Loss and grief with adoption can also be associated with identity. Many times, transracial adoptees have no one who looks like them in their home. Other times, an adoptee may not physically stand out from their family, but they can still have a sense of being different. This can be heightened if they have a different personality or interest then their adoptive family. Many adoptees struggle with feeling unloved or unwanted, which can affect their identity. The problem with loss and grief in adoption is that it is even more unidentifiable in reactions, triggers and the process. Some adoptive parents state that they notice their child acts out at a certain time of the year. One foster/adopt parent later found out that was when their child was removed from their birth family, this child was too young to have a memory of it though. I have had many adoptive families tell me that they do not know the exact reason of what has caused their child to struggle with the loss, but they have learned to support their child through whatever they are grieving and processing at the time. The loss and grief can be harder for certain children than others, because of their personalities. The loss and grief can come and go as they grow and are able to cognitively process the reality of adoption.
How do you support this process with your child, you ask? First and foremost, realize it will take strength, confidence in your relationship with your child and may not always be easy. Ultimately, every parent wants their child to grow to be a healthy individual, not only physically, but emotionally, in relationships, with confidence and know who they are in this world. Being adopted is part of who they are and you can love them with all you heart, but it will not take away that they lost someone, whether by choice or not, but a part of where they came from biologically is gone. If you are able to give them information, show them pictures or do visits with birth parents, in an age appropriate way as they are emotionally able, it can assist with the process. For many adoptions, this is not an option. No answers can be given, no information, no pictures. As a parent you want to fix things and protect them from the world, but the reality is that is not real life. Instead, support them to work through this process of loss and grief.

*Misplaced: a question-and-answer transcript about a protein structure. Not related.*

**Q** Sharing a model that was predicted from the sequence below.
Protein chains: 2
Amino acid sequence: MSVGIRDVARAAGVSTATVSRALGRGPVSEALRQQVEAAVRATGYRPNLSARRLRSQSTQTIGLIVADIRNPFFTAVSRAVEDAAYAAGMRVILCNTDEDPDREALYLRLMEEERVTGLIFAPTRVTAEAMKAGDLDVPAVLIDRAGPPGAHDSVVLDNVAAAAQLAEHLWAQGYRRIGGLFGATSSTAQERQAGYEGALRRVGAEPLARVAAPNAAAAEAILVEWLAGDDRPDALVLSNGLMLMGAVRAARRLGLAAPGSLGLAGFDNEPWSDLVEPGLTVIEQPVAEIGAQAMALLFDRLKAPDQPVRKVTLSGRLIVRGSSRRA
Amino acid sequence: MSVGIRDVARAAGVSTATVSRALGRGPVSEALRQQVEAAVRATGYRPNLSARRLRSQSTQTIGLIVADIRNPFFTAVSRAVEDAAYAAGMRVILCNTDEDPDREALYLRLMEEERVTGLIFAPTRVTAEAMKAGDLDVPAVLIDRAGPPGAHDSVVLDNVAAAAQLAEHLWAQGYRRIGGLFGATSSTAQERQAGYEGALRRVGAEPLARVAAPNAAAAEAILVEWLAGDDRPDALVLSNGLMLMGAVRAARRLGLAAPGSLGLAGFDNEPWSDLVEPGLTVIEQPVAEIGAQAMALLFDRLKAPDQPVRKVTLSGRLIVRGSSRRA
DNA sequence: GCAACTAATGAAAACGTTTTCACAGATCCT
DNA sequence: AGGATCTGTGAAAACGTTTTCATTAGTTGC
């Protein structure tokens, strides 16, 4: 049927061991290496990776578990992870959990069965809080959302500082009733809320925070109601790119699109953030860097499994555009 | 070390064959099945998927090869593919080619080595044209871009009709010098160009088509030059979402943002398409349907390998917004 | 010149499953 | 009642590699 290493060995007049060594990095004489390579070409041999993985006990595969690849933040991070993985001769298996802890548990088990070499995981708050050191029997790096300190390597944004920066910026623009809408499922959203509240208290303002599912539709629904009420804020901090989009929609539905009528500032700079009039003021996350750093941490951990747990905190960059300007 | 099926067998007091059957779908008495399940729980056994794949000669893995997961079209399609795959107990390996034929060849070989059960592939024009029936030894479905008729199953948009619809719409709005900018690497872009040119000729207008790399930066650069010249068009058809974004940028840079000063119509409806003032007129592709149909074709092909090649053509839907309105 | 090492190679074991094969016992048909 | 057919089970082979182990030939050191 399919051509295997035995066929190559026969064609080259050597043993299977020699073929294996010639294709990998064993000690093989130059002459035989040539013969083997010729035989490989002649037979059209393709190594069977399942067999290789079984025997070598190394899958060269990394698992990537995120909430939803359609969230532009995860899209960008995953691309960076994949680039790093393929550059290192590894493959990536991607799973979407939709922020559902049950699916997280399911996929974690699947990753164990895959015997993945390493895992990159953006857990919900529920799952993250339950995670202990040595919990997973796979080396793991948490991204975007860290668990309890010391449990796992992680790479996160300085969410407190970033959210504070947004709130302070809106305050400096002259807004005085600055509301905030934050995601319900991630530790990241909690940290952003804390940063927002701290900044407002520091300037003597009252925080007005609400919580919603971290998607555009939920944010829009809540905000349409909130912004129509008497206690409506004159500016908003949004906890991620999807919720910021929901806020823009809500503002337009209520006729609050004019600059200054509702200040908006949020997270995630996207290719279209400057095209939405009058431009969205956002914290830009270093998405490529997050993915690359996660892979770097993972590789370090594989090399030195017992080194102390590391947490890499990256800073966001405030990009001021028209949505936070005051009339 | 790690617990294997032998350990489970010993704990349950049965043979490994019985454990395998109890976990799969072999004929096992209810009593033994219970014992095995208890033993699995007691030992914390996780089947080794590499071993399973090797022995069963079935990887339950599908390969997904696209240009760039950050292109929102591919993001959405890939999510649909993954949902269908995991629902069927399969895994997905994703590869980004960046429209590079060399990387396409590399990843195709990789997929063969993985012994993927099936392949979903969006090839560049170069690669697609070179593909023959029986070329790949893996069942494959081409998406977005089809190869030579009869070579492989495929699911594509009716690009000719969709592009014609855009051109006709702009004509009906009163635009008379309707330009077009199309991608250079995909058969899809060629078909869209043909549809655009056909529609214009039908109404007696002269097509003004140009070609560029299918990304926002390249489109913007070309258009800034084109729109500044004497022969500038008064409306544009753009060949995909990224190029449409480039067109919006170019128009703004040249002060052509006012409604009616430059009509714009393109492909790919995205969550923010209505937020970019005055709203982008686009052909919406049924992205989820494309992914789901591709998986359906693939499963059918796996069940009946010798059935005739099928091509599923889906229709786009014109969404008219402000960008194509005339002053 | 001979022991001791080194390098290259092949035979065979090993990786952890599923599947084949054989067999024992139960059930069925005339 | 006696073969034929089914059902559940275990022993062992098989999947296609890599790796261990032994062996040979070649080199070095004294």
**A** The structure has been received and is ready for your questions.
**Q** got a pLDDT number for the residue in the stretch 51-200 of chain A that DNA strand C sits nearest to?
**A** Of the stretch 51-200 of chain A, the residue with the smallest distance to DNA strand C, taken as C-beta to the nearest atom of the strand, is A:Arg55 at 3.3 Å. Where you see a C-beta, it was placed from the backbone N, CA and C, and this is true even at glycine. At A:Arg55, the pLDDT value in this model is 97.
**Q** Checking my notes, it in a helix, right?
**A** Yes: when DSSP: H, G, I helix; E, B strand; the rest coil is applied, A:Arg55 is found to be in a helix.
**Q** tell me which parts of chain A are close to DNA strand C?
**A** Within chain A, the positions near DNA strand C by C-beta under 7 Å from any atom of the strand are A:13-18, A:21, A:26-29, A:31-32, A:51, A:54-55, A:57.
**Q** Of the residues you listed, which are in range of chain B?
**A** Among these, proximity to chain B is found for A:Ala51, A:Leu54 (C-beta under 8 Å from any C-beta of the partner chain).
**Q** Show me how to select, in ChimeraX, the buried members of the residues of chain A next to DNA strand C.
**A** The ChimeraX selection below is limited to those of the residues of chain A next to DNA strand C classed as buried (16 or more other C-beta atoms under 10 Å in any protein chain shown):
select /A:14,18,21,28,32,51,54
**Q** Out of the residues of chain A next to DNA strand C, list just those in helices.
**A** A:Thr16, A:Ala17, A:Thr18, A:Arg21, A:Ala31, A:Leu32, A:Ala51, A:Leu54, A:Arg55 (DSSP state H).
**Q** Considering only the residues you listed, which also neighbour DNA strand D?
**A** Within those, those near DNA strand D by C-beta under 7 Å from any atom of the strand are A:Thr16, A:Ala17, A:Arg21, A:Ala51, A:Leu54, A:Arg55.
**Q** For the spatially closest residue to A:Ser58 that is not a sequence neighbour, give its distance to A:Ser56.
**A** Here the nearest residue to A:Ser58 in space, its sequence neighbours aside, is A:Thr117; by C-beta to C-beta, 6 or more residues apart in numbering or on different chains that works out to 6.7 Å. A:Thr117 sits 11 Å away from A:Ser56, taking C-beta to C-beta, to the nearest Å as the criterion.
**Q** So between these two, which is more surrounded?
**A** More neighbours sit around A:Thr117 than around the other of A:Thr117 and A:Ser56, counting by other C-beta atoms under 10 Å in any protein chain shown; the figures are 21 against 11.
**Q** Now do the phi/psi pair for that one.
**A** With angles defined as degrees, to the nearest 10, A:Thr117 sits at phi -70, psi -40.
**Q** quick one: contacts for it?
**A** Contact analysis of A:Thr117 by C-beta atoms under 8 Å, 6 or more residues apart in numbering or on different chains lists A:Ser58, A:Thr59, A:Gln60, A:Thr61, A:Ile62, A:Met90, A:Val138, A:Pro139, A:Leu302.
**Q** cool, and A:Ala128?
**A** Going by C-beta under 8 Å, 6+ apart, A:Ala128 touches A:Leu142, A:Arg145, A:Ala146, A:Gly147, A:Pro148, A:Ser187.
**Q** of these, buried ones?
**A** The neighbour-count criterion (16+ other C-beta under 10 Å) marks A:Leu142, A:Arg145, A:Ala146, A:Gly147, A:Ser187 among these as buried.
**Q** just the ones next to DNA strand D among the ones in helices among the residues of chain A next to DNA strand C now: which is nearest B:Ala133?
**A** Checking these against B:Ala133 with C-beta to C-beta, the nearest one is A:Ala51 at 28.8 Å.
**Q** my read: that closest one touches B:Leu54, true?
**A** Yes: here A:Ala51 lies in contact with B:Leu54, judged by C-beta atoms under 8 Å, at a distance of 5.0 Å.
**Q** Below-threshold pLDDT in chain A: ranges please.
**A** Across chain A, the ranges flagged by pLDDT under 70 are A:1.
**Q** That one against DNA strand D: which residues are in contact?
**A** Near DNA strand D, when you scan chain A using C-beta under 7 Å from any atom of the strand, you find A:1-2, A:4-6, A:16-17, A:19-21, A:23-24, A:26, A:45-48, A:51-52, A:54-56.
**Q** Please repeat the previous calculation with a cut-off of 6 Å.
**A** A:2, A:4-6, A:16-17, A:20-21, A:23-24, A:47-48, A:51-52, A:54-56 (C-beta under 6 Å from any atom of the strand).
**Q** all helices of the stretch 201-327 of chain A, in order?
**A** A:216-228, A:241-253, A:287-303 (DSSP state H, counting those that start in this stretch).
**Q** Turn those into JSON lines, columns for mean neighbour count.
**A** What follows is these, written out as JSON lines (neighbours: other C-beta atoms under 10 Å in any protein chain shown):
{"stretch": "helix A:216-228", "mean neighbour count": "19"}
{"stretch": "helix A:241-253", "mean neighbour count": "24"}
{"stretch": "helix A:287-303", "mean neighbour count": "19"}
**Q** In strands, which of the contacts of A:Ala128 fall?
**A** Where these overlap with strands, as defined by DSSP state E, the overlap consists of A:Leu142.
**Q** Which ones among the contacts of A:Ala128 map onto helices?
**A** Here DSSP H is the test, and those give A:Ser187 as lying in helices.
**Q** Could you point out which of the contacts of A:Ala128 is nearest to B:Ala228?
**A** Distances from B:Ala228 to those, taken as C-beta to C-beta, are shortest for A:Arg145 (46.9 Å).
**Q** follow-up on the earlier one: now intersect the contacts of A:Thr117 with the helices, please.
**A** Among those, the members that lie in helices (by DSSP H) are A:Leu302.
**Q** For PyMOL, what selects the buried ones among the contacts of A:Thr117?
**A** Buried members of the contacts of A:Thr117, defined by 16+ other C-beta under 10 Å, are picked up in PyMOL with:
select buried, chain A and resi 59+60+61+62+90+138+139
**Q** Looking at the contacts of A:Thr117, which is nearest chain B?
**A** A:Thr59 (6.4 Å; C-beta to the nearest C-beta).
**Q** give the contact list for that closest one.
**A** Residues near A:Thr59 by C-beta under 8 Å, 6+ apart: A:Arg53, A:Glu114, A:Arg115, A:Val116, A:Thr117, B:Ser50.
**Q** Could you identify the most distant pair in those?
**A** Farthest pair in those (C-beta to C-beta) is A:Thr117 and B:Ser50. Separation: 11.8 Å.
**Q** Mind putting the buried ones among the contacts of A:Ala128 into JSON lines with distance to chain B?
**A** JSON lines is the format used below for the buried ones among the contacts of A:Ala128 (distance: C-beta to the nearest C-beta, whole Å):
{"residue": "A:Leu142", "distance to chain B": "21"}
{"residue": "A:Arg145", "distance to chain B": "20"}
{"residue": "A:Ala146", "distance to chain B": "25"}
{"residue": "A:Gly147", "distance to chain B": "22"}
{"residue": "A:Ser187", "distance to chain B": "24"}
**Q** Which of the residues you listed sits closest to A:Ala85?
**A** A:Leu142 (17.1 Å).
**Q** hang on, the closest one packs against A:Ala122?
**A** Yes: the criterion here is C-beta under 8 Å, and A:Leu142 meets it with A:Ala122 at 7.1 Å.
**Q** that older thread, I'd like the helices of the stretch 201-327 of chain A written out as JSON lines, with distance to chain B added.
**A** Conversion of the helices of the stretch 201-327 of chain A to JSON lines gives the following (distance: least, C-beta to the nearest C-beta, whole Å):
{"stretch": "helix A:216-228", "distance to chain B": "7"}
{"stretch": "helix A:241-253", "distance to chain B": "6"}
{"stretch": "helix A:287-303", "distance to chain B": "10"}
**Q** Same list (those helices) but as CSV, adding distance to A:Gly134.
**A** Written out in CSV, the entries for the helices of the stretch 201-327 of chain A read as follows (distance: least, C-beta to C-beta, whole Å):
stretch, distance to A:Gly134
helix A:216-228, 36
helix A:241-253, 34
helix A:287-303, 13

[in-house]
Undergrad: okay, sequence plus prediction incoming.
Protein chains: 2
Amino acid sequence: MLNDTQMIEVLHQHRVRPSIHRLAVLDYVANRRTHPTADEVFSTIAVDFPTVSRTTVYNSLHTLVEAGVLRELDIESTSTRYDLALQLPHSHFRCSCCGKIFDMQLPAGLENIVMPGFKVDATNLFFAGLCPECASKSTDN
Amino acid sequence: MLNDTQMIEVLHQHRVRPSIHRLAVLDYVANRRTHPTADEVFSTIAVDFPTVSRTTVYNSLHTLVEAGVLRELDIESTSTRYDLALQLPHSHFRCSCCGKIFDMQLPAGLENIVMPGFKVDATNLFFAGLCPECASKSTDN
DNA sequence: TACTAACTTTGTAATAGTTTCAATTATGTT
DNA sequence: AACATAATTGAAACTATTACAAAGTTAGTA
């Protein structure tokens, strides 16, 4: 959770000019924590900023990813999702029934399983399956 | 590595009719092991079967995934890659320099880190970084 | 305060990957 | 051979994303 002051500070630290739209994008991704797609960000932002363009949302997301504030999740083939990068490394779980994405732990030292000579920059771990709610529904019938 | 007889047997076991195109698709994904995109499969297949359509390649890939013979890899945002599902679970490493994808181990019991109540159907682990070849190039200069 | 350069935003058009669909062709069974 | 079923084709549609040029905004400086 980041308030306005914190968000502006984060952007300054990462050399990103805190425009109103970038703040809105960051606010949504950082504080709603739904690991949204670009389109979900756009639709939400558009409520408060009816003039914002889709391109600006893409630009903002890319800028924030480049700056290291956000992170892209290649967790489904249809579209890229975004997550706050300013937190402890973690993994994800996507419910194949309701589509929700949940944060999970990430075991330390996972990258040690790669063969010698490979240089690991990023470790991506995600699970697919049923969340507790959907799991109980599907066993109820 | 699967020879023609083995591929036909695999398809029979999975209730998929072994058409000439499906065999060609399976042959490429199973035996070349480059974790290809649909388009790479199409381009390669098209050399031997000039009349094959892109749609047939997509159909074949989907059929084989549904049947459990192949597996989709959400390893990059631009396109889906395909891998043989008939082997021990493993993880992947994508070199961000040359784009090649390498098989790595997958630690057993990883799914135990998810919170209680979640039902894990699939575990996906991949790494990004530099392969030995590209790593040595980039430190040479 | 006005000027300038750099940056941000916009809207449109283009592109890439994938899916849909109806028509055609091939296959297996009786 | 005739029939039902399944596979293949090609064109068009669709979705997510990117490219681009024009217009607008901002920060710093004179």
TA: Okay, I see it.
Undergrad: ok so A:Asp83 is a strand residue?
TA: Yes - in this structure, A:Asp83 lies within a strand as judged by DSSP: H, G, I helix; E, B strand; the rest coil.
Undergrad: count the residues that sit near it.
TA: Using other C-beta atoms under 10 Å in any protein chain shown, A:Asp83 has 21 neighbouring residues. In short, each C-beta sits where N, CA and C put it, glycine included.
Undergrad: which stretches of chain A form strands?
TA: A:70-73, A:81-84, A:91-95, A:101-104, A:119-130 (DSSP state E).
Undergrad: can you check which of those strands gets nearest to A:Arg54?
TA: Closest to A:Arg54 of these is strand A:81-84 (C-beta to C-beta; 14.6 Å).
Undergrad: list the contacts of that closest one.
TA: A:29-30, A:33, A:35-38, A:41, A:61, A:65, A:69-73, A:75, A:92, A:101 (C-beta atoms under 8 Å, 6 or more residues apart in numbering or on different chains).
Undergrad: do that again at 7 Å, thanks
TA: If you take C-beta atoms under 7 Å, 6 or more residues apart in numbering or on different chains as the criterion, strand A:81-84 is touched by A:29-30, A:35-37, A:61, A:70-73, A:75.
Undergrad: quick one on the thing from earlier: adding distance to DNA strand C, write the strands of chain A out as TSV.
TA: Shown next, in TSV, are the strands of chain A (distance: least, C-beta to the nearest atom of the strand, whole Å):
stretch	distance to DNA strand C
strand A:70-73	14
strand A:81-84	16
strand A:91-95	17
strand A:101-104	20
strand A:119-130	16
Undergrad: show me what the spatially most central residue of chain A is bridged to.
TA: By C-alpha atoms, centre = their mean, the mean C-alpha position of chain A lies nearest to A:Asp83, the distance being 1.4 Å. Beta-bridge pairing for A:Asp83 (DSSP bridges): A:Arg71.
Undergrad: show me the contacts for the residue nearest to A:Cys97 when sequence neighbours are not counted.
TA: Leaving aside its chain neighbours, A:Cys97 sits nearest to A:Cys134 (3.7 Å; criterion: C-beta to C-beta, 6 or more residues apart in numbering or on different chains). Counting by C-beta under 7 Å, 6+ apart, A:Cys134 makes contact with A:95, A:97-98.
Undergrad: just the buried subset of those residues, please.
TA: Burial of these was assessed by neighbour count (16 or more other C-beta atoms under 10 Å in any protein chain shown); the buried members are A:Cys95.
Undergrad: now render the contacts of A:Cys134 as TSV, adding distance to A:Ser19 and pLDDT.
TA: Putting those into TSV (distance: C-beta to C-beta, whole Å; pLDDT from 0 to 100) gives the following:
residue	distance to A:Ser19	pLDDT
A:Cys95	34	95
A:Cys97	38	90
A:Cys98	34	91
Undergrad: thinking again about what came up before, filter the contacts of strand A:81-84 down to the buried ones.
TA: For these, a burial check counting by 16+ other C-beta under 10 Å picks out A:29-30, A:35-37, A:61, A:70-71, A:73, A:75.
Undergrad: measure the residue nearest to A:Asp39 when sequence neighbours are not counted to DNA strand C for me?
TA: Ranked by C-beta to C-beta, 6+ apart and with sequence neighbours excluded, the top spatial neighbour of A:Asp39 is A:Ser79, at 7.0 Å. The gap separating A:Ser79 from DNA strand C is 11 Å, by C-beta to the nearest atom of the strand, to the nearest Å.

What to do:
- Give opportunities for them to explore their adoption.
- Let them explore their feelings and thoughts regarding their birth family.
- Hold them when they cry and let them know you are always there. Don’t try to fix or make it better. Just be there and let them be sad or cry or angry.
- Process your thoughts and feeling regarding their birth parents. Allow yourself to feel as well, you are not a superhuman. It can be scary, sad and painful for not only your child, but you as a parent. We never want to see our children suffer. Take care of yourself.
- Do not make up information. If you don’t know, you don’t know. Allow them to grieve the unknown.
- Do not push your child to work through something if they’re not ready. Just give ample opportunities for them to talk about their adoption.
- Find a support system. Family and friends are wonderful, but an adoption support group will understand better than anyone else.
- Find resources regarding adoption. You may even find researching some information about loss and grief is helpful as well.
- Create a Life Book or Adoption Story with your child’s help. This project can help create special bonds with your child, and allow your child to creatively work through any grief and loss they may feel.